With a little knowledge, selecting sealant is simple
Admit it. You’ve been one of the lost souls standing in the caulk aisle, staring dumbfounded at the magnitude of caulk choices. This article will help you make sense of those ever-expanding choices and choose the right caulk for your specific job. For more caulk application tips, check out Mark’s Caulking Tips.
FOUR COMMON FORMULAS
These types of caulk dominate the shelves at home centers. Labels don’t always tell you what’s in the tube, so we’ve included examples of each type in this slideshow. But there are many more brands than the ones we show. All are available in various colors and paintable.
Acrylic Latex ($2 to $5)
Acrylic latex caulks are the easiest to apply and smooth out. They’re also the only sealants that clean up with water. Look for versions labeled “siliconized” or “plus silicone.” Adding silicone to acrylic latex improves adhesion and flexibility.
Poly caulks are generally tougher than other sealants, making them a good choice for driveways and other areas that take a beating. But their gooey consistency makes them hard to work with. Check the label before painting; you may have to wait several days.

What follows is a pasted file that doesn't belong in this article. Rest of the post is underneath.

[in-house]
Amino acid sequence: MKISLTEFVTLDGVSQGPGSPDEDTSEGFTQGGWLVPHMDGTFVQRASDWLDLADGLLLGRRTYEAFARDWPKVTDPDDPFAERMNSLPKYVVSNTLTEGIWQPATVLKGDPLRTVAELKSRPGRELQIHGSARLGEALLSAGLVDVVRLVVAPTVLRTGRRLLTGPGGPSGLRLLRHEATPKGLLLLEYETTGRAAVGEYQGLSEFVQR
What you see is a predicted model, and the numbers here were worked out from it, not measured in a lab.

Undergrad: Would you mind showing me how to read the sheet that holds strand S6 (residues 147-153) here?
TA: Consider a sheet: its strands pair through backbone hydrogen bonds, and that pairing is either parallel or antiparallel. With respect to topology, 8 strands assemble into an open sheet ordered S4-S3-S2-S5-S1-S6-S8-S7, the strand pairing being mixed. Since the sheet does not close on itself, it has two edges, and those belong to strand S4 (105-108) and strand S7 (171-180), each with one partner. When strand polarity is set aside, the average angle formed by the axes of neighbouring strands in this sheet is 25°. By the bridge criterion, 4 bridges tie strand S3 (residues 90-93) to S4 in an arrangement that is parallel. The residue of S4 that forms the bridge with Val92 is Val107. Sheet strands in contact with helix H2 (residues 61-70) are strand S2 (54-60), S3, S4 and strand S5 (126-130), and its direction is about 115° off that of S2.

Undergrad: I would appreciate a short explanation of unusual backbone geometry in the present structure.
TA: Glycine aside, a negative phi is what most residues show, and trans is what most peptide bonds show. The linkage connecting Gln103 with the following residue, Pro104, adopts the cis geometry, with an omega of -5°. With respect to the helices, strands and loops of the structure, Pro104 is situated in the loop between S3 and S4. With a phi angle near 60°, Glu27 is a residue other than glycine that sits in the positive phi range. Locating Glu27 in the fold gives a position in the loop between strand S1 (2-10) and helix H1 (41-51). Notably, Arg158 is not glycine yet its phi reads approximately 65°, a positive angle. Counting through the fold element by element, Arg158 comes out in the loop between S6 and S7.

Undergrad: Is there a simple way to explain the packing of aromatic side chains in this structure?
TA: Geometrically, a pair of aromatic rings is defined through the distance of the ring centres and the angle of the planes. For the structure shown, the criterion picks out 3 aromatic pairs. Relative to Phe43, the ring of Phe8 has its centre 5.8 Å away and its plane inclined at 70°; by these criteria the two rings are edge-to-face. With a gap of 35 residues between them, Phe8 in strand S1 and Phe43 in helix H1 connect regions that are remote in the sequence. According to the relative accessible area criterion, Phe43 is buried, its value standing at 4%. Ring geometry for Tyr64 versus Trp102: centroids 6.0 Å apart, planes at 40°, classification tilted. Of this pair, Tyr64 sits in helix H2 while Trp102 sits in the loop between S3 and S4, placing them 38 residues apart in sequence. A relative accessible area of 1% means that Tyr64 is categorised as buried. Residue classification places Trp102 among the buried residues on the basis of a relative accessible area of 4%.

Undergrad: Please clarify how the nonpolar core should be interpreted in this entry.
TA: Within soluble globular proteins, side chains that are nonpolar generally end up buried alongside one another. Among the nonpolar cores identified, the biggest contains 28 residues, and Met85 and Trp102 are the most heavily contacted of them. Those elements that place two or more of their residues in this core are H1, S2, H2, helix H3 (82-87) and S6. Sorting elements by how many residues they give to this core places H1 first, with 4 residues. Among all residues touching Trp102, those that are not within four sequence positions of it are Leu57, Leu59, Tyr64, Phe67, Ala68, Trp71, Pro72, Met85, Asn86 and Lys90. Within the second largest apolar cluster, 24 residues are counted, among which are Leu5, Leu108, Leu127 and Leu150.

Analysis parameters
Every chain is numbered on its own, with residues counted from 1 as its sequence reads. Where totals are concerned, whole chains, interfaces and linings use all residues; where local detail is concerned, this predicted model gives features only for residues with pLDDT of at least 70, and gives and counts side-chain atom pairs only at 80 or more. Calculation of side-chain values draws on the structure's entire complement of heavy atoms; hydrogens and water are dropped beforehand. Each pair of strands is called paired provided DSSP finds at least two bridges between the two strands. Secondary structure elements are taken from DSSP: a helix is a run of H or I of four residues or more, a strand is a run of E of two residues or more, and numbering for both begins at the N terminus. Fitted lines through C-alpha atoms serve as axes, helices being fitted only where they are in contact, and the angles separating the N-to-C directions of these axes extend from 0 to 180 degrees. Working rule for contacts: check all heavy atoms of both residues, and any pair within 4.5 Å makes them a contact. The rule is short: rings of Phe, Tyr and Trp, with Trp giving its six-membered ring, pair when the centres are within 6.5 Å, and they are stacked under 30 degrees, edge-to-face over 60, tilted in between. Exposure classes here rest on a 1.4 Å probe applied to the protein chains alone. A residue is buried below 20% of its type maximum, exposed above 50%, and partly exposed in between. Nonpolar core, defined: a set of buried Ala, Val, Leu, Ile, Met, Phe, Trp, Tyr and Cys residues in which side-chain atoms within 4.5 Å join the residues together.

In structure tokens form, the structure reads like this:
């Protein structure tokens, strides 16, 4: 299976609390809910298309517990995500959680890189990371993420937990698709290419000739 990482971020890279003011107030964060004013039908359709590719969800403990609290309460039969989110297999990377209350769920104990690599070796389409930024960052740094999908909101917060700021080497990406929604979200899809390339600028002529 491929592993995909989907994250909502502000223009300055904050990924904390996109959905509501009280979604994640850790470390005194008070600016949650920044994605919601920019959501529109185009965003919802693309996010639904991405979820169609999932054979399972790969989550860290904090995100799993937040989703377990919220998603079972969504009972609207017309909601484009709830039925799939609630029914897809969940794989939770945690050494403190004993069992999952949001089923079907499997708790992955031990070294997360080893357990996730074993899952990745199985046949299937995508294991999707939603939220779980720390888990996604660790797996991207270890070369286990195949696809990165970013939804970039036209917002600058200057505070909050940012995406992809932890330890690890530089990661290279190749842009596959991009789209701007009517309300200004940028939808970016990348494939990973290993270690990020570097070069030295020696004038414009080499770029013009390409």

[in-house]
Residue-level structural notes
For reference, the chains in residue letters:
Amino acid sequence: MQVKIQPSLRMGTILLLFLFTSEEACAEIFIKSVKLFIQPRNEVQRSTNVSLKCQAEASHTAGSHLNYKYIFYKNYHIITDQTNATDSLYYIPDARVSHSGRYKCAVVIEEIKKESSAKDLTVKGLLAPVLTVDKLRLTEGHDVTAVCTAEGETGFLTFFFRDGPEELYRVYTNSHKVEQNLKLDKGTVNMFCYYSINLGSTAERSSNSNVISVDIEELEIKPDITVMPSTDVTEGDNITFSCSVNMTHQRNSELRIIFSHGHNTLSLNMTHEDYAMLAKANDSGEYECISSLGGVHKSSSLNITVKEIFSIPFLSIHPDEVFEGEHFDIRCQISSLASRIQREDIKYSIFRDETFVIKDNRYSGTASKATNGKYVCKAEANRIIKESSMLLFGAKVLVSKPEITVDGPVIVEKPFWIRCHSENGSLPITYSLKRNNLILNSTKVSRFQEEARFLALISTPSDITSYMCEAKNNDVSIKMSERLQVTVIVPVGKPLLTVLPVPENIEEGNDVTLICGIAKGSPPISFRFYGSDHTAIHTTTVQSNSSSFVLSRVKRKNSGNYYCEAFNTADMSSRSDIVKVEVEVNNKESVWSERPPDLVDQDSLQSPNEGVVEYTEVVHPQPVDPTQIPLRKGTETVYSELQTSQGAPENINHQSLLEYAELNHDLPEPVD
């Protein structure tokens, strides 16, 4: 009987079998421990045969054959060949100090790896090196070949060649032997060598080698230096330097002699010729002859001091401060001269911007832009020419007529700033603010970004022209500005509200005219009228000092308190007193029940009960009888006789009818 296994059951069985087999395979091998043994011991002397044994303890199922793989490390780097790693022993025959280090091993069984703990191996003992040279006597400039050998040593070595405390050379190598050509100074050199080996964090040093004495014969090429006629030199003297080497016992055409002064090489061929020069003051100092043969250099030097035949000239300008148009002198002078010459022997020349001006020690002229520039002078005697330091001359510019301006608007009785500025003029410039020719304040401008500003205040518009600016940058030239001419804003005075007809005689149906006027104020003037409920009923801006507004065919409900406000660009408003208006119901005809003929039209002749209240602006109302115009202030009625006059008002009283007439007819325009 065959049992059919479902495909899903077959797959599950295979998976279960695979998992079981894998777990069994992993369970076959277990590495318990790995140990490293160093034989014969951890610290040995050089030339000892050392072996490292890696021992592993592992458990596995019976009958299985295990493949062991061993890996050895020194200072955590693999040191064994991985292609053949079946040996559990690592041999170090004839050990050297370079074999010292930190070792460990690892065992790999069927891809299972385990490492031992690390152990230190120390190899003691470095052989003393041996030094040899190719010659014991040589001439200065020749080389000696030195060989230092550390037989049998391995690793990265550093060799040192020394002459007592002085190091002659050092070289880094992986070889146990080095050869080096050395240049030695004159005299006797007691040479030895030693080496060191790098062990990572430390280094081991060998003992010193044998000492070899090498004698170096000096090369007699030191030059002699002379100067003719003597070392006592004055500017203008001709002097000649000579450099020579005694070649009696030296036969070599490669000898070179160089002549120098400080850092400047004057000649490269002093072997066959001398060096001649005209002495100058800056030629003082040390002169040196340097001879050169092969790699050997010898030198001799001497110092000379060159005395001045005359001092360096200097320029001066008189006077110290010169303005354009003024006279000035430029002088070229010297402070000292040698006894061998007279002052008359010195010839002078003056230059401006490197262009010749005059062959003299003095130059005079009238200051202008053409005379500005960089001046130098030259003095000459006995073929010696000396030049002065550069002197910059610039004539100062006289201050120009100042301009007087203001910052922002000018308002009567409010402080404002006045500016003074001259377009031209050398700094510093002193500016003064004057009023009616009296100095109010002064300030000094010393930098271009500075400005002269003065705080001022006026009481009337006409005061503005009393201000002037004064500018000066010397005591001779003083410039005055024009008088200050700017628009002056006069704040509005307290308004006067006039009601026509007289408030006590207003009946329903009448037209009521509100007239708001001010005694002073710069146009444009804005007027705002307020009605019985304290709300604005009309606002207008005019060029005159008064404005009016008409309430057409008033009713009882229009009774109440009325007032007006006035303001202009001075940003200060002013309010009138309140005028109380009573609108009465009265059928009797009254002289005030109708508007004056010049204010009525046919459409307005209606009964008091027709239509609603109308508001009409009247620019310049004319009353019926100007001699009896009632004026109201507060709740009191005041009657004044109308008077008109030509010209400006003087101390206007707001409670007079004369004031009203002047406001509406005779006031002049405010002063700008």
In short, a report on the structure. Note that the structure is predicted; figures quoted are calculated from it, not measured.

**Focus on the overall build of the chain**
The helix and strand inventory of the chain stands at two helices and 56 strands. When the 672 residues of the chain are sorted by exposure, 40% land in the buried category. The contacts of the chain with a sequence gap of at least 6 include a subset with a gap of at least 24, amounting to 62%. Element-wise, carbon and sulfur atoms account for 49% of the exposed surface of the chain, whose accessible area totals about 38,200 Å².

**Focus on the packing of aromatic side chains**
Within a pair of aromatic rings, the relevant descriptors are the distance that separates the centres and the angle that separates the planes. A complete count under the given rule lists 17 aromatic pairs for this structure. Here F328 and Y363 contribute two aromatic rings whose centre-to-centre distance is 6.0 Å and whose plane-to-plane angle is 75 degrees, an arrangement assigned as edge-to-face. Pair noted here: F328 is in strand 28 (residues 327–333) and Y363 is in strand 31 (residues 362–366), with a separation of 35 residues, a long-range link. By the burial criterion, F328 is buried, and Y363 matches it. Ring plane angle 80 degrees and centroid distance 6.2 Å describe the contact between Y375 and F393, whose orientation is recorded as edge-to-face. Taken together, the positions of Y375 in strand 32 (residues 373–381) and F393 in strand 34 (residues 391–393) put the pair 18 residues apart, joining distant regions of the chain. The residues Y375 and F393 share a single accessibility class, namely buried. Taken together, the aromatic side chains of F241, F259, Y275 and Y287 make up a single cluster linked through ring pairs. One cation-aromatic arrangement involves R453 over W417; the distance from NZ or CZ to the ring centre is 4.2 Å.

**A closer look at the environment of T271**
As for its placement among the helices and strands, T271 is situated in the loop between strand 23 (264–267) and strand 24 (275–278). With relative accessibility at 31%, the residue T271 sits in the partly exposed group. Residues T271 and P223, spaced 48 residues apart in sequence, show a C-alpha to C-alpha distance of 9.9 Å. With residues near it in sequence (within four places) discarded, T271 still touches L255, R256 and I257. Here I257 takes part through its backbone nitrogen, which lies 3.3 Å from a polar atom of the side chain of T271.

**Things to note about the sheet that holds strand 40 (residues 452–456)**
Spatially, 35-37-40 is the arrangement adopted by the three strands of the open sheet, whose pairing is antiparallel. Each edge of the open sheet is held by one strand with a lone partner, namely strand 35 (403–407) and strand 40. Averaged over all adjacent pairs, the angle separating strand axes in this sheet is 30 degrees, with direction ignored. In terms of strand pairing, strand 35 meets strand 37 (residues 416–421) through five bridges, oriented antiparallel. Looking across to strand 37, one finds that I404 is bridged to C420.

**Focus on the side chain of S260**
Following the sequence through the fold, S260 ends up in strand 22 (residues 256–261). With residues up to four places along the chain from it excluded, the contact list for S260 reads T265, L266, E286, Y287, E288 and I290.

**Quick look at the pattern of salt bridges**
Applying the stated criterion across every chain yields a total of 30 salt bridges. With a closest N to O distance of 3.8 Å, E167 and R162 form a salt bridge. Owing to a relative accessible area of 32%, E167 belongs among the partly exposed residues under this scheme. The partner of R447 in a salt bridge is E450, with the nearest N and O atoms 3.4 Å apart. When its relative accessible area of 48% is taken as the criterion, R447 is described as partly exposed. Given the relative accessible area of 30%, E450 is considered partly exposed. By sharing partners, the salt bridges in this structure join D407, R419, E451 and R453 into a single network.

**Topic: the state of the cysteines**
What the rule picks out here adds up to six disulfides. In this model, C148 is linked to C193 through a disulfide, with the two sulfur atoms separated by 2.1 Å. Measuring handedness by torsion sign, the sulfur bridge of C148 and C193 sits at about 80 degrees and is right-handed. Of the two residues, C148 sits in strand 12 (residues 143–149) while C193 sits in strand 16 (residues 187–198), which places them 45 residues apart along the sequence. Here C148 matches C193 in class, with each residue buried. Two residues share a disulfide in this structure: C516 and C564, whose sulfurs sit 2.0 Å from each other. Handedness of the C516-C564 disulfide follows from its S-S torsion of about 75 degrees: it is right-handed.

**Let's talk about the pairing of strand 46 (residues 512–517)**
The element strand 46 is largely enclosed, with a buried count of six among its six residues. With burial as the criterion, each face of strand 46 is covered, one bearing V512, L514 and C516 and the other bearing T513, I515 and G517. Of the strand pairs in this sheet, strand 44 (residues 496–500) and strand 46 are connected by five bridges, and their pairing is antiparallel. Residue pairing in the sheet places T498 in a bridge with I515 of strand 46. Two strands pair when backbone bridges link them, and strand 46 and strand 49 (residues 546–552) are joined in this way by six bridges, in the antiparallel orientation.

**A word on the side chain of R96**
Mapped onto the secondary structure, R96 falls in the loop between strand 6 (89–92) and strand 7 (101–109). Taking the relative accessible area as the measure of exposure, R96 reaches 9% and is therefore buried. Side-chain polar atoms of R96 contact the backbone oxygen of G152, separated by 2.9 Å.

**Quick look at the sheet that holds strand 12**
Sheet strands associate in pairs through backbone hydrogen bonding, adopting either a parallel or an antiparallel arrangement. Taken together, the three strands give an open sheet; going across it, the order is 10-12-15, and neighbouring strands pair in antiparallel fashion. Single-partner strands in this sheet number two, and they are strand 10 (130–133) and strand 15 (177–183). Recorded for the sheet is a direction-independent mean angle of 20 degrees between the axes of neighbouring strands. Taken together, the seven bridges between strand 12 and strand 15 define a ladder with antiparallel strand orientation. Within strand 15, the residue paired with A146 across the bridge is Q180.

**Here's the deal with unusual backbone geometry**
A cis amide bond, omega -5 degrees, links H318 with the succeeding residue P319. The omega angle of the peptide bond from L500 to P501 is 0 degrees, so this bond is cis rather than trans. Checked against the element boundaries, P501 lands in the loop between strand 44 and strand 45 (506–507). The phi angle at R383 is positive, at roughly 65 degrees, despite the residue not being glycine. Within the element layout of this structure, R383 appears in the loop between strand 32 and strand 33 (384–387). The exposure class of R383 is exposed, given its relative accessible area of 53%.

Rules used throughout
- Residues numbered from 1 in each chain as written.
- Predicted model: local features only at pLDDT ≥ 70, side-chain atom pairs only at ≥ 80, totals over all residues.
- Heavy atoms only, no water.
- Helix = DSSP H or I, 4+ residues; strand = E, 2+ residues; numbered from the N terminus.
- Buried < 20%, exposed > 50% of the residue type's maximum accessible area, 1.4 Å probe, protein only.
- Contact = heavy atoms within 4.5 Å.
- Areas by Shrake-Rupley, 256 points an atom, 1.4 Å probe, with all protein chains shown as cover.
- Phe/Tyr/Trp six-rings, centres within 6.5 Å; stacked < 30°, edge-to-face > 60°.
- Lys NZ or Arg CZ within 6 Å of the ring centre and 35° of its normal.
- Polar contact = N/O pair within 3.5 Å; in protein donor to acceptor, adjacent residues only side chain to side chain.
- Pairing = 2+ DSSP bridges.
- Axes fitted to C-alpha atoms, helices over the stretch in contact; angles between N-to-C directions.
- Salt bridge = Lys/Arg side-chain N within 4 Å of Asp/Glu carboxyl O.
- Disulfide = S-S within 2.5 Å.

Solvent-Based ($6 to $9)
Many solvent-based caulks are great for roofing because they don’t degrade in direct sunlight and can be applied to wet surfaces. But they’re gooey and hard to apply neatly.
Hybrid ($7 and up)
Most hybrid caulks combine silicone and polyurethane for top-notch adhesion, flexibility and longevity. They’re easier to apply neatly than polyurethane, but not as easy as acrylic latex. Most aren’t labeled “hybrid,” so we’ve pointed out the hybrids in the various photos. Cost is a clue: High-quality hybrids are usually the most expensive caulks on the shelf.